Guilford College Writing Manual

This is the official Guilford College Writing Manual. A collaboration between the English Department and the Hege Library.

Levels of Generality

Another way we can categorize words is on the basis of how general or specific they are.

Take the following list:

  • vehicle (very general)
  • car (still general)
  • Pontiac (more specific)
  • black '79 Firebird with a crumpled right fender (very specific)

"Vehicle" is an abstract category. It does not create a concrete picture in the reader's mind. Even "car" is general, though less so than "vehicle." With "Pontiac," we're descending into the concrete world, though we're still referring to a category, even if it's a smaller one than "car." It's only when we get to the black '79 Firebird that the reader can begin to imagine a specific, individual car.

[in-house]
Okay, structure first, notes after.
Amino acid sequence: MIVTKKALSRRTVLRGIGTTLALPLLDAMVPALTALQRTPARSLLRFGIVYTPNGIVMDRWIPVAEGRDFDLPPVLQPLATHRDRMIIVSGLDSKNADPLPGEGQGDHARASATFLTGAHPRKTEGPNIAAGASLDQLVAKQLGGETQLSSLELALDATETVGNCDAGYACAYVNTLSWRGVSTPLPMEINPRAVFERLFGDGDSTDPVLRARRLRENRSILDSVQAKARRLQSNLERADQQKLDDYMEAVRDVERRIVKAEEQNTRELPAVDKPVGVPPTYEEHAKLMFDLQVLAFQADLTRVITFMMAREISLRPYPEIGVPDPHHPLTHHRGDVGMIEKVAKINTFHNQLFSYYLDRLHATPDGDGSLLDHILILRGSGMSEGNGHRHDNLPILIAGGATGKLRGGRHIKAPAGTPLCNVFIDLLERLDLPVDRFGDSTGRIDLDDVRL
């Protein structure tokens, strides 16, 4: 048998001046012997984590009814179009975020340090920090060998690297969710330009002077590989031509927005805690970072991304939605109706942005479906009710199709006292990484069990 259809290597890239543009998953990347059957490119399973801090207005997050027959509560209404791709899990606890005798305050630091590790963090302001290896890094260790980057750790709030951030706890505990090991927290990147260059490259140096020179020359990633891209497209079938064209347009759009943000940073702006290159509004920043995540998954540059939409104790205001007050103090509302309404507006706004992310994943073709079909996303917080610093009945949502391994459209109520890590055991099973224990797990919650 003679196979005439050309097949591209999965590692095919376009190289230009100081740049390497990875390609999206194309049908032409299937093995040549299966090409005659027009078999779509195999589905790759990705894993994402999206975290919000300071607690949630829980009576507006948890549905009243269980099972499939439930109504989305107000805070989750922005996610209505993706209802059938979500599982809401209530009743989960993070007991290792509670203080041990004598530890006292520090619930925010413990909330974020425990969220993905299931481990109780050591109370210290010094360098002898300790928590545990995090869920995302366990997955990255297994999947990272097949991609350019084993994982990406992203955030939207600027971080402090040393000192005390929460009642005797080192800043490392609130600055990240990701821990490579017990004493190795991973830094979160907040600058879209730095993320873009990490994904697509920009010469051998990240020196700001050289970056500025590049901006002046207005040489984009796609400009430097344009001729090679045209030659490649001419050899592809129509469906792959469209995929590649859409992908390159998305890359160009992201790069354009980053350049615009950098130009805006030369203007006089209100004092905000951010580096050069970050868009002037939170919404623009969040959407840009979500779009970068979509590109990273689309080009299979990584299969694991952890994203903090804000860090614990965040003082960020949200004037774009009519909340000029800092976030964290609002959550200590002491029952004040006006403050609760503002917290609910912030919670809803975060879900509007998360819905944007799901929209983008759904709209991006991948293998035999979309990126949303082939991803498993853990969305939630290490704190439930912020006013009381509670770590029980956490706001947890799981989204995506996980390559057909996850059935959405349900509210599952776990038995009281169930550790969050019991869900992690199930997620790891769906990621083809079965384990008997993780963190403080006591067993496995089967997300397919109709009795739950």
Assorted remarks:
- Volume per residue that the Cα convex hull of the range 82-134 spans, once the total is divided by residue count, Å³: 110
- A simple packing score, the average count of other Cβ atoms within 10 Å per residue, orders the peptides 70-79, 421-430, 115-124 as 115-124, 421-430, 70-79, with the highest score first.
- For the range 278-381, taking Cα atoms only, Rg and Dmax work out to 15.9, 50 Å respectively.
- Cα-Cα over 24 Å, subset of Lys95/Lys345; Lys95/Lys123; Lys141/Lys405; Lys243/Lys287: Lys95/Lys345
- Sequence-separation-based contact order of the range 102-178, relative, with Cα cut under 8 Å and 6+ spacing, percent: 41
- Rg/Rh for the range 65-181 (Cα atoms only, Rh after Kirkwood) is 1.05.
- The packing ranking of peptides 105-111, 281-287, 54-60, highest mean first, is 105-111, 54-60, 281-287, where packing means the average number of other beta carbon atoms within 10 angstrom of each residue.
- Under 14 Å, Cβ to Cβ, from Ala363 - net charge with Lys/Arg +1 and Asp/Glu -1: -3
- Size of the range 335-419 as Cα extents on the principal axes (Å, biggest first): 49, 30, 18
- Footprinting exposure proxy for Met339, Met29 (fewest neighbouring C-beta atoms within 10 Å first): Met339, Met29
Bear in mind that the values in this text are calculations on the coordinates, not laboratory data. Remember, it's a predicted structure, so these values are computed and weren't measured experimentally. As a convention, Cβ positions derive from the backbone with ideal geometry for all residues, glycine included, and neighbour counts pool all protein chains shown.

Writing involves weaving together the different levels. If you're chiefly working with ideas, which are abstract by nature, you'll operate on a more general level. If you are trying to represent the world in all its material glory, you'll need to downshift to a more specific level. If your goal is to connect your ideas to the world, interpenetration of the levels is necessary.